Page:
“We treat the physical results of capitalism as though they were an inevitability. In 1955, no captain of industry, prince, or potentate could buy a car as good as a Toyota Camry, to say nothing of a 2014 Mustang, the quintessential American Everyman’s car. But who notices the marvel that is a Toyota Camry? In the 1980s, no chairman of the board, president, or prime minister could buy a computer as good as the cheapest one for sale today at Best Buy. In the 1950s, American millionaires did not have access to the quality and variety of food consumed by Americans of relatively modest means today, and the average middle-class household spent a much larger share of its income buying far inferior groceries. Between 1973 and 2008, the average size of an American house increased by more than 50 percent, even as the average number of people living in it declined. Things like swimming pools and air conditioning went from being extravagances for tycoons and movie stars to being common or near-universal. In his heyday, Howard Hughes didn’t have as good a television as you do, and the children of millionaires for generations died from diseases that for your children are at most an inconvenience. As the first 199,746 or so years of human history show, there is no force of nature ensuring that radical material progress happens as it has for the past 250 years. Technological progress does not drive capitalism; capitalism drives technological progress — and most other kinds of progress, too…”
— Dana Perino (@DanaPerino) June 4, 2015
Dana has good taste. (And a great laugh) In a comment to Dana, Kevin D. Williamson notes: “It’s actually an old piece that’s been making the rounds…” Fooled me, too. I also thought it was new column. Good to see it circulation again.
Join Professor Tabarrok in exploring the mystery and marvel of prices. We take a look at how oil prices signal the scarcity of oil and the value of its alternative uses. Following up on our previous video, “I, Rose,” we show how the price system allows for people with dispersed knowledge and information about rose production to coordinate global economic activity. This global production of roses reveals how the price system is emergent, and not the product of human design. Read the rest of this entry »
Today, capitalism is blamed for our current disastrous economic and financial situation and a history of incessant booms and busts. Support for capitalism is eroding worldwide. In a recent global poll, 25 percent (up 2 percent from 2009) of respondents viewed free enterprise as “fatally flawed and needs to be replaced.” The number of Spaniards who hold this view increased from 29 percent in 2009 to 42 percent, the highest amongst those polled. In Indonesia, the percentage went from 17 percent to 32 percent.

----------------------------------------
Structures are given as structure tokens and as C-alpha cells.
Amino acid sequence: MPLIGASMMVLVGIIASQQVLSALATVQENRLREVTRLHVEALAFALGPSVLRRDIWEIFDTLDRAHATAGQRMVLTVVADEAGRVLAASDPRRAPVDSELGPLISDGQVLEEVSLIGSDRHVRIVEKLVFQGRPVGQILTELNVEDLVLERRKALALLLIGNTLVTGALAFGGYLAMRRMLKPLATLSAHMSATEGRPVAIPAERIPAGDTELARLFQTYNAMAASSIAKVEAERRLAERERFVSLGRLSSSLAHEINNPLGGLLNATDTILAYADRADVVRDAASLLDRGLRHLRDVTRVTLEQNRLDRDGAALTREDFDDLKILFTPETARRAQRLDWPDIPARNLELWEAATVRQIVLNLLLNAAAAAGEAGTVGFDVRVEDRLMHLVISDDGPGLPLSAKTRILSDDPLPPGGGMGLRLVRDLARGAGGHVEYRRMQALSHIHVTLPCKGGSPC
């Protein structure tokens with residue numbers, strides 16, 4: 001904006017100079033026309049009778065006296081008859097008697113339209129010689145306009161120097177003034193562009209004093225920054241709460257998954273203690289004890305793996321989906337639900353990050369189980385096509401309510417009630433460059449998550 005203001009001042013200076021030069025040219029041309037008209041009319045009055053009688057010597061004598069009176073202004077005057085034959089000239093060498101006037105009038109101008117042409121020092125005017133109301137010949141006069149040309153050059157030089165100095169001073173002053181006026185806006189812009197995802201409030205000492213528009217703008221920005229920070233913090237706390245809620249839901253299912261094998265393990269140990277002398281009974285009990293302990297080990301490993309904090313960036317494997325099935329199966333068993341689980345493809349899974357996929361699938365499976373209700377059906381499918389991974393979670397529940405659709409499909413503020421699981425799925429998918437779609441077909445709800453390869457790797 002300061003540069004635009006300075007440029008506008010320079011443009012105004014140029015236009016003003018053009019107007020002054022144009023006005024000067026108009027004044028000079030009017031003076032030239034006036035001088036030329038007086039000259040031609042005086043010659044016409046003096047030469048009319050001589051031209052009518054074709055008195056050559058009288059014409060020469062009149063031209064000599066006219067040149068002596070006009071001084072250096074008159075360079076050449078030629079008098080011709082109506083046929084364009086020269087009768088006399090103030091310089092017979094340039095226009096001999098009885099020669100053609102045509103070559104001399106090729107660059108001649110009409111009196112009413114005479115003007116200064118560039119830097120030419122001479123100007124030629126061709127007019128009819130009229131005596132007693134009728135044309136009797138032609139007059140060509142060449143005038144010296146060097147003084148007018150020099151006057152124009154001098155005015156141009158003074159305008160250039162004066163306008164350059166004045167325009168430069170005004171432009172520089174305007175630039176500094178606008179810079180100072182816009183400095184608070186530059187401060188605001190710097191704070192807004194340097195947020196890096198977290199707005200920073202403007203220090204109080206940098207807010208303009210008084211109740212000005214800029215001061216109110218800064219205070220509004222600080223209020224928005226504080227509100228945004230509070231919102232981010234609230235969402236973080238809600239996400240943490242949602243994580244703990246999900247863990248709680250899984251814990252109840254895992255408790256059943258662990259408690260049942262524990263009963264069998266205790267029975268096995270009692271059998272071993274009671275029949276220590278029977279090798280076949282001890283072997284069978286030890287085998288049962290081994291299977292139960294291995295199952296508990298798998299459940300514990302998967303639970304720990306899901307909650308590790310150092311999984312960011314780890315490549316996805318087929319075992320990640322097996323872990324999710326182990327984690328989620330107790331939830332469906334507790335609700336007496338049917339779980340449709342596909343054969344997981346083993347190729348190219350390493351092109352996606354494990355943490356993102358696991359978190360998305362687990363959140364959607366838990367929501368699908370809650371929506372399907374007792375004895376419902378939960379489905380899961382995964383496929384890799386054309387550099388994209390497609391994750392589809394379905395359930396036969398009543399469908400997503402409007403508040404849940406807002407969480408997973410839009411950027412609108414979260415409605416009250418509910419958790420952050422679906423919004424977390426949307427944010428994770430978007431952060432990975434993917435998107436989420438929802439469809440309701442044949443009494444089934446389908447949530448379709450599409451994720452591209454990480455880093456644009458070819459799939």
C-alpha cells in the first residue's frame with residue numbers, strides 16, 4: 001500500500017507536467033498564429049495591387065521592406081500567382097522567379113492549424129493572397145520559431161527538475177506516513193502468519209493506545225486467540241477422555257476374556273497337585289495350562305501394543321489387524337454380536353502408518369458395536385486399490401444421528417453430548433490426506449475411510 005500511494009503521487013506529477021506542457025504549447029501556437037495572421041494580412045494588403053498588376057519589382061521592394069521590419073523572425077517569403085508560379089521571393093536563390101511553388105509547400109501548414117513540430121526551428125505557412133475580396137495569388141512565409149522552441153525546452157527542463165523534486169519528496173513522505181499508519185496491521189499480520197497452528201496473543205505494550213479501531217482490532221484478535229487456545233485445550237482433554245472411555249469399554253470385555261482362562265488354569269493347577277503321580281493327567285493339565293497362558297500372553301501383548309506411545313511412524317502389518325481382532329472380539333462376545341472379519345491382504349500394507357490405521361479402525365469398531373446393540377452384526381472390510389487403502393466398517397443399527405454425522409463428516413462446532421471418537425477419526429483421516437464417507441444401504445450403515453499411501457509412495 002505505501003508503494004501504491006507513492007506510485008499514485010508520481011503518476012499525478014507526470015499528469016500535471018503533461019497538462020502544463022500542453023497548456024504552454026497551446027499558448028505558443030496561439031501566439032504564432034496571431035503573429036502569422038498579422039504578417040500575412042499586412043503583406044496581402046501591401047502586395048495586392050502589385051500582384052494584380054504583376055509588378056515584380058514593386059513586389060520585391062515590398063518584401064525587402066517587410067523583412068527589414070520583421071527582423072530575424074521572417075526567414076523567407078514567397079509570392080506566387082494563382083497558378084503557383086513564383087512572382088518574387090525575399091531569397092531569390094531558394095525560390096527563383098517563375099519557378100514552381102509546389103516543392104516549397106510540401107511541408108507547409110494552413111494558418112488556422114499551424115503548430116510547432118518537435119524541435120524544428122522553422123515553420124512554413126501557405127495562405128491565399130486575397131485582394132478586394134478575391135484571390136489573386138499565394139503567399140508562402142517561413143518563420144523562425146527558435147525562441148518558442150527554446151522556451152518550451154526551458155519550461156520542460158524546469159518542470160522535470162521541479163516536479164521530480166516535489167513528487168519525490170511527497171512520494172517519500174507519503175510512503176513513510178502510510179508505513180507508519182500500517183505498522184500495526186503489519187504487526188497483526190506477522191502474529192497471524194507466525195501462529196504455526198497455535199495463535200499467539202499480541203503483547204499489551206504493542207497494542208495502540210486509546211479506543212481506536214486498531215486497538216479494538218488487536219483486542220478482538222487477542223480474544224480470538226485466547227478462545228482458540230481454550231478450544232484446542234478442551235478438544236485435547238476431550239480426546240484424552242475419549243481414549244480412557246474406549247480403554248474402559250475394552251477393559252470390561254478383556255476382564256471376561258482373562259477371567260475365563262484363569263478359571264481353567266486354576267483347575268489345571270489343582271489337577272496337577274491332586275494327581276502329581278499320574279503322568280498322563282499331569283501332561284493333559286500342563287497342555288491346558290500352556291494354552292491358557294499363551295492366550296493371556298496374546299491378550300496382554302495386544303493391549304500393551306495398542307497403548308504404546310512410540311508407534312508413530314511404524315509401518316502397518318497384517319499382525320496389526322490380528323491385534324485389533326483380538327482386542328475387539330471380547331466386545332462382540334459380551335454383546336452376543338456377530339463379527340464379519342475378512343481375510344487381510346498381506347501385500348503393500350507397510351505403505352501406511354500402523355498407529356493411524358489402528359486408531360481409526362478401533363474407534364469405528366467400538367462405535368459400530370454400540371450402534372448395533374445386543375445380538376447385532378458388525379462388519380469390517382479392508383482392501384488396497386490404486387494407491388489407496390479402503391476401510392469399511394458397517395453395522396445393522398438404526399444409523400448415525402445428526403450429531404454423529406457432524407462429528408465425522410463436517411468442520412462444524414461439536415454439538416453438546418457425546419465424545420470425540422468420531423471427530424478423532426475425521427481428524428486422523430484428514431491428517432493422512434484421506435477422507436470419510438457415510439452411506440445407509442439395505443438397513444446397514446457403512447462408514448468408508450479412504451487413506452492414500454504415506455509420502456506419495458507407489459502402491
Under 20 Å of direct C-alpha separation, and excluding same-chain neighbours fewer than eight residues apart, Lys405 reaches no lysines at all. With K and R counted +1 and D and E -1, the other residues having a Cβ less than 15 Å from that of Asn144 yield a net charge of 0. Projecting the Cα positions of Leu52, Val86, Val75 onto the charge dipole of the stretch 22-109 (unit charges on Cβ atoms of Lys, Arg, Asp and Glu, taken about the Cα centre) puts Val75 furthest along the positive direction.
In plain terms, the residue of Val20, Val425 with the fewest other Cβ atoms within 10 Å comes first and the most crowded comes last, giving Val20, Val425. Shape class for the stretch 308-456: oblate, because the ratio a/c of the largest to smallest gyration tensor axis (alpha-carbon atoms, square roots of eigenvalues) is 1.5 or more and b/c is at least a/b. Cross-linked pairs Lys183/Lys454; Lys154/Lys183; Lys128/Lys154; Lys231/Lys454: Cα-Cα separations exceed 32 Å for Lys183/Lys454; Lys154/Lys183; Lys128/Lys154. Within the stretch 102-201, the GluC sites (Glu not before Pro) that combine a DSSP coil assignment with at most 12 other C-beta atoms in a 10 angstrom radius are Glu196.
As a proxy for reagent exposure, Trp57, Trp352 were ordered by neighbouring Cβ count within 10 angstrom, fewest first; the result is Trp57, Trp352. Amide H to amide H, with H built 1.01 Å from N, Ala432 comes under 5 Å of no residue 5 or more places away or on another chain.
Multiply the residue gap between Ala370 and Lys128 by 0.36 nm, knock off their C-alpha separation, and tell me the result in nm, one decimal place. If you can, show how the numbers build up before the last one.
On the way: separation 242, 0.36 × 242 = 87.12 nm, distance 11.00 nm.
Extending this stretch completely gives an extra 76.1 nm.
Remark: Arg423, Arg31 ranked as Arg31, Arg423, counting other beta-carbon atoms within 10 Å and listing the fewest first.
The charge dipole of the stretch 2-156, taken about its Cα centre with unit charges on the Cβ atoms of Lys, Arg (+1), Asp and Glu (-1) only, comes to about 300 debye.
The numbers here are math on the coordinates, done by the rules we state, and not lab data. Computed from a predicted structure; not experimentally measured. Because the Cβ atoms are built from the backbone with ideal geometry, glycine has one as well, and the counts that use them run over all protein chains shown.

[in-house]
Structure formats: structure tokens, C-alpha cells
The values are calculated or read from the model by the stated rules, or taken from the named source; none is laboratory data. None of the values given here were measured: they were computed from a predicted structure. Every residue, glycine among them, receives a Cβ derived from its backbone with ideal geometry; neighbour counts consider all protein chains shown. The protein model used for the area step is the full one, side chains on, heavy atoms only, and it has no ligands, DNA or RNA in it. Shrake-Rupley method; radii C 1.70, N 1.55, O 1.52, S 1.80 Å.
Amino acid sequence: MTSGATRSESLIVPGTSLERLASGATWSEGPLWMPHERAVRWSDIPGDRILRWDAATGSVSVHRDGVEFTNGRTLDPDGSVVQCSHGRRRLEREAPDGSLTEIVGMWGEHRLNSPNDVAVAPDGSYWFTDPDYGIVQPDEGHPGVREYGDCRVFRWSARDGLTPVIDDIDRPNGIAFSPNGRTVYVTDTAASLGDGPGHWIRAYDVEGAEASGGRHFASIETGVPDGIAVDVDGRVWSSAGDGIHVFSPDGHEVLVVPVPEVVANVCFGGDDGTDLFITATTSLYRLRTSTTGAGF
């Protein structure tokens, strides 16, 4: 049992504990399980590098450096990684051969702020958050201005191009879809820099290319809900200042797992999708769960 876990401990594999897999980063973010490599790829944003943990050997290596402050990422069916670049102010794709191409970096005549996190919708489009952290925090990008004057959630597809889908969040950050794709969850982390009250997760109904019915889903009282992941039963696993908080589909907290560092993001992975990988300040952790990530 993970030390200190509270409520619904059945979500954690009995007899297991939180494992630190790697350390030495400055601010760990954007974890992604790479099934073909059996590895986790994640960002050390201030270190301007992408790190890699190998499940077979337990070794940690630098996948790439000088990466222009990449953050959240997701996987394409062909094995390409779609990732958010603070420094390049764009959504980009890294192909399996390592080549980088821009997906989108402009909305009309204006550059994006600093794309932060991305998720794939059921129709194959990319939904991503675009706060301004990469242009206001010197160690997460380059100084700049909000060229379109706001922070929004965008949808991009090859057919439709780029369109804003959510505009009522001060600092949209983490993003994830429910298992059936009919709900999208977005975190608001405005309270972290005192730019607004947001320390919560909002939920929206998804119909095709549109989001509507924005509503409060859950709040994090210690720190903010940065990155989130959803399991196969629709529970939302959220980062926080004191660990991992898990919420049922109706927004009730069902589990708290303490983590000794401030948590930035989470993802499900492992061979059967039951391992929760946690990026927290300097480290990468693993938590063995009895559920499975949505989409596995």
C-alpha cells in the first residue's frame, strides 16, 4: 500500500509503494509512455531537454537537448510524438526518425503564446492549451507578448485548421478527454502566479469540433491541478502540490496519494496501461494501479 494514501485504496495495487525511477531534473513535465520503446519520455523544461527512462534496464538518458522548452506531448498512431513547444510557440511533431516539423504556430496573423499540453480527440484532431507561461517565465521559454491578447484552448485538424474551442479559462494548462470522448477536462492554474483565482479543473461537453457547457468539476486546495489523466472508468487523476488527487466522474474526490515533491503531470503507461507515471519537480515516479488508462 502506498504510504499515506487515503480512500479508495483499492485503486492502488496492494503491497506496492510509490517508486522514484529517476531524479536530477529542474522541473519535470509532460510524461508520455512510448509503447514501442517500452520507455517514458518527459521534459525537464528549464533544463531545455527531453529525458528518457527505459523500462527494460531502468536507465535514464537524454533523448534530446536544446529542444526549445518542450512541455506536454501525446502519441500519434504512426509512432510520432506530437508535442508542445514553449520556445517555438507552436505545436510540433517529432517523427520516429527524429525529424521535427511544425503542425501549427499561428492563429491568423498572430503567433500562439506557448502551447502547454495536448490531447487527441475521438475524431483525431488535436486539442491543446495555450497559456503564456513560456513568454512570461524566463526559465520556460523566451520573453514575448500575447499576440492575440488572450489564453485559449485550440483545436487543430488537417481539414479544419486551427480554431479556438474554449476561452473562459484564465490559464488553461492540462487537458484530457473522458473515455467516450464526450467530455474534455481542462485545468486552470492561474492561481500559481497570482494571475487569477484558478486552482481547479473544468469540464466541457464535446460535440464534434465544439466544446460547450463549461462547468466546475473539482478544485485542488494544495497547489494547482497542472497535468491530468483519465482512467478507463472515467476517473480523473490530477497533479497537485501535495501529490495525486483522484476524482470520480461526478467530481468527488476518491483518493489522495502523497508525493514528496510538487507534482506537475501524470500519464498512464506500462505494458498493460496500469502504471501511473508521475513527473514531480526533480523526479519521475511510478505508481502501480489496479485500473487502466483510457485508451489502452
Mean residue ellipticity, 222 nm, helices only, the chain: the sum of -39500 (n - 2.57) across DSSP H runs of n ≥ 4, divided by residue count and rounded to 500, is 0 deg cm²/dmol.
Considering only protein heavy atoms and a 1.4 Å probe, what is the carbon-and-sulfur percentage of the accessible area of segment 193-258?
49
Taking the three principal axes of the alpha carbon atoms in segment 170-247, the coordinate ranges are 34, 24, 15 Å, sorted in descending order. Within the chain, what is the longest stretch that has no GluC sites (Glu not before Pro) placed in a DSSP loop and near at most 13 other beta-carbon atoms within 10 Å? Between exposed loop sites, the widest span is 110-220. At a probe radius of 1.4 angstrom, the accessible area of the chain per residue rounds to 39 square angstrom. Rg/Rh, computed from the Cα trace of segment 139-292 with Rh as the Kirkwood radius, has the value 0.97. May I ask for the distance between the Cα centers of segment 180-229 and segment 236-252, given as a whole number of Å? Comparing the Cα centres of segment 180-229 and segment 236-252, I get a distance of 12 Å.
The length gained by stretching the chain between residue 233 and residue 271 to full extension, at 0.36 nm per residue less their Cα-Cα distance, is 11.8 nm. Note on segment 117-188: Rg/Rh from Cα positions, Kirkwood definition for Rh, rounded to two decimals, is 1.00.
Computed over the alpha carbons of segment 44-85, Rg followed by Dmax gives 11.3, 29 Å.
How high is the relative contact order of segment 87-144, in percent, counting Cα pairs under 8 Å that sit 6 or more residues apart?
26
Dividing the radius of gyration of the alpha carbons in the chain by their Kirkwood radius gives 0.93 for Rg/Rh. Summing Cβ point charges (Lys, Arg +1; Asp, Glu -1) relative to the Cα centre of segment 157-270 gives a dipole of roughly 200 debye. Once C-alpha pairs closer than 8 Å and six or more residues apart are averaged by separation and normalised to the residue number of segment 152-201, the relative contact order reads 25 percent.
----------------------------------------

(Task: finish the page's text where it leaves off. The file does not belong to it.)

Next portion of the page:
Most, if not all, booms and busts originate with excess credit creation from the financial sector. These respondents, incorrectly, assume that this financial system structured on fractural reserve banking is an integral part of capitalism. It isn’t. It is fraud and a violation of property rights, and should be treated as such.
This legalization of fraud is essentially one of the main reasons no one went to jail after the debacle of 2008.
In the past, we had deposit banks and loan banks. If you put your money in a deposit bank, the money was there to pay your rent and food expenses. It was safe. Loan banking was risky. You provided money to a loan bank knowing funds would be tied up for a period of time and that you were taking a risk of never seeing this money again. For this, you received interest to compensate for the risk taken and the value of time preference. Back then, bankers who took a deposit and turned it into a loan took the risk of shortly hanging from the town’s large oak tree.
During the early part of the nineteenth century, the deposit function and loan function were merged into a new entity called a commercial bank. Of course, very quickly these new commercial banks realized they could dip into deposits, essentially committing fraud, as a source of funding for loans. Governments soon realized that such fraudulent activity was a great way to finance government expenditures, and passed laws making this fraud legal. A key interpretation of law in the United Kingdom, Foley v. Hill, set precedence in the financial world for banking laws to follow:
Foley v. Hill and Others, 1848:
Money, when paid into a bank, ceases altogether to be the money of the principal; it is then the money of the banker, who is bound to an equivalent by paying a similar sum to that deposited with him when he is asked for it. … The money placed in the custody of a banker is, to all intents and purposes, the money of the banker, to do with it as he pleases; he is guilty of no breach of trust in employing it; he is not answerable to the principal if he puts it into jeopardy, if he engages in a hazardous speculation; he is not bound to keep it or deal with it as the property of his principal; but he is, of course, answerable for the amount, because he has contracted, having received that money, to repay to the principal, when demanded, a sum equivalent to that paid into his hands.
In other words, when you put your money in a bank it is no longer your money. The bank can do anything it wants with it. It can go to the casino and play roulette. It is not fraud legally, and the only requirement for the bank is to run a Ponzi scheme, giving you the money deposited by someone else if they lost your money and you happen to come back asking for your money. This legalization of fraud is essentially one of the main reasons no one went to jail after the debacle of 2008. Read the rest of this entry »
A great find. For Reason.com, Emily Ekins writes:A 1940s capitalism cartoon is making a comeback with over 7 million views on YouTube. The cartoon “Make Mine Freedom” was produced by Harding University, a private university in Arkansas in 1948 extolling the virtues of free-market capitalism and inveighing against “isms” particularly communism and statism more generally.
The cartoon mixes humor with serious philsophy as it defines what freedom means: “America is the freedom to work at the job you like, freedom of speech and to peacefully assemble, freedom to own property, security from unlawful search and seizure, the right to a speedy and public trial, protection against cruel punishments and excessive fines, the right to vote, and worhip God in your own way.” Read the rest of this entry »